Obama on the Record: Closing Remarks at Health Forum

through the market, I’d be happy to do it that way. If there was a way of doing it that involved more government regulation and involvement, I’m happy to do it that way, as well.

I just want to figure out what works. But that requires us to actually look at the evidence and try to figure out, based on the experience that now has been accumulated for a lot of years, you know, how can we improve the system. And I’m absolutely confident that there’s going to be low-hanging fruit. For example, the issue of health IT — I don’t think there’s any dispute between Newt Gingrich and Ted Kennedy that if we digitalize our health care system, we’re going save money over the long term and we’re going to reduce error and save lives.

There are going to be some other areas that’s not such low-hanging fruit and there’s greater dispute about what might work. But we have to keep that open mind that you called for, Jo Ann. That’s going to be critical.

Let me go to Max Baucus and then Chuck Grassley. I want to get a sense of the folks on the finance committee — they’re going to have some influence on this process. (Laughter.) Just a little bit. (Laughter.) Max.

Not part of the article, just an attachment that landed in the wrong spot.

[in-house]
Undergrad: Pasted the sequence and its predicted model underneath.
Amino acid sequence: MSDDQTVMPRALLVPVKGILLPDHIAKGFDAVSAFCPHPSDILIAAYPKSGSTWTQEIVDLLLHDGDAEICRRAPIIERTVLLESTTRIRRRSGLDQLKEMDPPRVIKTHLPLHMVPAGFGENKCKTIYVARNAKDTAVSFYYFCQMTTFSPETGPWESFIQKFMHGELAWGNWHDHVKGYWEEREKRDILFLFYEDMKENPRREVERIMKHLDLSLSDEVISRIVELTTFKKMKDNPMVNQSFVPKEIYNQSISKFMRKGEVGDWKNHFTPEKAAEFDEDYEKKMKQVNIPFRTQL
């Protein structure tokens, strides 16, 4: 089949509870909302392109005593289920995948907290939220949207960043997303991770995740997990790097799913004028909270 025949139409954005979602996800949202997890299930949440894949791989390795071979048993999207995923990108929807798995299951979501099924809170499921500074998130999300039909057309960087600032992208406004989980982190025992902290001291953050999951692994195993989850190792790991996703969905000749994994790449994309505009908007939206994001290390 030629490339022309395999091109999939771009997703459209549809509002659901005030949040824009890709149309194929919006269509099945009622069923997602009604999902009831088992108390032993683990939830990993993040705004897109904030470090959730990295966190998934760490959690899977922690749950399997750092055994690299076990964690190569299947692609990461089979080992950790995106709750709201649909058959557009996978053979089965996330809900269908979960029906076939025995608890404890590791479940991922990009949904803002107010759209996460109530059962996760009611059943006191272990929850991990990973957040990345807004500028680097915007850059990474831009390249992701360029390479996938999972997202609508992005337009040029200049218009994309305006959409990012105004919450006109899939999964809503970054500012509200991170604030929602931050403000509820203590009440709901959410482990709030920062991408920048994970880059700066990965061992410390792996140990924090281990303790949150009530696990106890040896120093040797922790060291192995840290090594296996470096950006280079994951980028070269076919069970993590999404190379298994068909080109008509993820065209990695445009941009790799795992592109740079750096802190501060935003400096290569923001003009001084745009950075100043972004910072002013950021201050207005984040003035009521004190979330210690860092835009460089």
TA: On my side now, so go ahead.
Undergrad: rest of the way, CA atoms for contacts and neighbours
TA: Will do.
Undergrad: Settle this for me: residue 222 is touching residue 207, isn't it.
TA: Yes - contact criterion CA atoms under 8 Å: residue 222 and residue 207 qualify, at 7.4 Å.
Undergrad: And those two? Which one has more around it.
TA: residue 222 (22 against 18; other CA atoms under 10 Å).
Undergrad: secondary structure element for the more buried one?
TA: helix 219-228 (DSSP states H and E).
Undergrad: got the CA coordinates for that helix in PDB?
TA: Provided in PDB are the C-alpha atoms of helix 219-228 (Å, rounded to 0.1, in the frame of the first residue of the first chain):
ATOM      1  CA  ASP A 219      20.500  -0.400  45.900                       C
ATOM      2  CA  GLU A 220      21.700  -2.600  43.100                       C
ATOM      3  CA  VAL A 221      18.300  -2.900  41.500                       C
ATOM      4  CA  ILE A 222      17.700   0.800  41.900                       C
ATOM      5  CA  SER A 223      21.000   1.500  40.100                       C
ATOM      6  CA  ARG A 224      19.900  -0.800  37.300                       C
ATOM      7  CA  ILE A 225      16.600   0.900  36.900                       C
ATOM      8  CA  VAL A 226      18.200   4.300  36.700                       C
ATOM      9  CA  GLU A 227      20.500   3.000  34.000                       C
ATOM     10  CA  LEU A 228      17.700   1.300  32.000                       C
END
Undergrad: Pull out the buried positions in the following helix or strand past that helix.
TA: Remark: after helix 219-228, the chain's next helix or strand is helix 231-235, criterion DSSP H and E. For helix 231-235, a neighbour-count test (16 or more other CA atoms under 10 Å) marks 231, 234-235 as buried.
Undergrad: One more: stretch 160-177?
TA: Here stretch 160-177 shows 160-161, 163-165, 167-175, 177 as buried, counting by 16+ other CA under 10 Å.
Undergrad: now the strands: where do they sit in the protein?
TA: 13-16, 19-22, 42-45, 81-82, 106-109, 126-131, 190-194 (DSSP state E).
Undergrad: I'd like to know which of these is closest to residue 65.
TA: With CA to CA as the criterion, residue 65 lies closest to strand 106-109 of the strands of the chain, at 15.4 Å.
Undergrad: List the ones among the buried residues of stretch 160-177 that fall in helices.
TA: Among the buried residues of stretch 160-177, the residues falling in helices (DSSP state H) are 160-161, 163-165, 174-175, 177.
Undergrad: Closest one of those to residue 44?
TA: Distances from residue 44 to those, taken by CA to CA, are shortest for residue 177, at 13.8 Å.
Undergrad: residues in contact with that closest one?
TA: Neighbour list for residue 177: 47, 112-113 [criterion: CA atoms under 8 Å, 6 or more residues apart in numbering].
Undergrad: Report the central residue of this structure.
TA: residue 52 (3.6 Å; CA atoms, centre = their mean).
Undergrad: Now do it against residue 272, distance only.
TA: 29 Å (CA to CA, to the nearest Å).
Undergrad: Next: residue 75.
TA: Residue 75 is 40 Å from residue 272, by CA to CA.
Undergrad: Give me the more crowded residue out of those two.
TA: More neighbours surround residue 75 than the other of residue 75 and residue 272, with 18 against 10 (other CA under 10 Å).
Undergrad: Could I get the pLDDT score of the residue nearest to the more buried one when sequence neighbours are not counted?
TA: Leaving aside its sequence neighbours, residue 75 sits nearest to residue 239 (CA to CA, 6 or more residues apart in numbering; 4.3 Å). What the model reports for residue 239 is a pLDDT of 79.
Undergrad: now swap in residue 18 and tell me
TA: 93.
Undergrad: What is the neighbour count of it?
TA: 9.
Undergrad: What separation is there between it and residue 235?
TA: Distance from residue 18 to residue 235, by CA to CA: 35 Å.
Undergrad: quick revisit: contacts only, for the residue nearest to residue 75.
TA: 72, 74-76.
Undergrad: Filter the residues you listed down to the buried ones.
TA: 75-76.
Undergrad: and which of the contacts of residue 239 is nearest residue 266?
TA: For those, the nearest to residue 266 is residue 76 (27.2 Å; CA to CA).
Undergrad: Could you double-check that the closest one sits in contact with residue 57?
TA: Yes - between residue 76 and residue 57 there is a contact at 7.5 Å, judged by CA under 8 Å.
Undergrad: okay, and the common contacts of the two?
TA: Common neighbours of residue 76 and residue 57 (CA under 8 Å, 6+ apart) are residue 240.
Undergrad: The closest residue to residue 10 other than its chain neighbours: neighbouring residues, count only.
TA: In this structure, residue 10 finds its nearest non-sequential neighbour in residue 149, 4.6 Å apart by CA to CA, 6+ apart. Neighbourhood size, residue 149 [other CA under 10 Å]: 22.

SENATOR BAUCUS: Thank you, Mr. President. First, we’ve got some real luminaries in this room — yourself. A few hours ago, you mentioned that President Roosevelt tried to accomplish health care reform. He’s over there right there in the corner — (laughter) —

THE PRESIDENT: There’s Teddy — the other Teddy. (Laughter.)

SENATOR BAUCUS: And the third luminary is sitting right to my right, right here. And I think in the spirit of all three of you, this is a terrific opportunity.

Second, the American public wants it. That’s a no-brainer. We’re at a time in American history when the American people want health care reform, for all the reasons that you mentioned. And it is, as you mentioned, a moral and physical imperative. There’s no doubt about that. And you’ve started this process I think in very much the right way, namely, getting us all together, a tone and a culture and a feeling of cooperation in a constructive way, evidence-based — what’s the science, what works/doesn’t work, practically and pragmatically.

And the real key here is for us to continue that frame of mind, continue that attitude, keep everybody at the table. This is all-encompassing. There are tradeoffs everywhere. This is not a short-term, tactical exercise. This is a strategic, longer-term plan here.

There has to be a uniquely American solution. We’re not Europe. We’re not Canada. We’re not Japan. We’re not other countries. We’re American, with public and private participation. And there’s no doubt in my mind just tapping into the good old American can-do and entrepreneurial spirit that we are going to find a solution. And the key here really is to keep — for us to all stay at the table, keep an open mind, after we’ve seen how this works with that and

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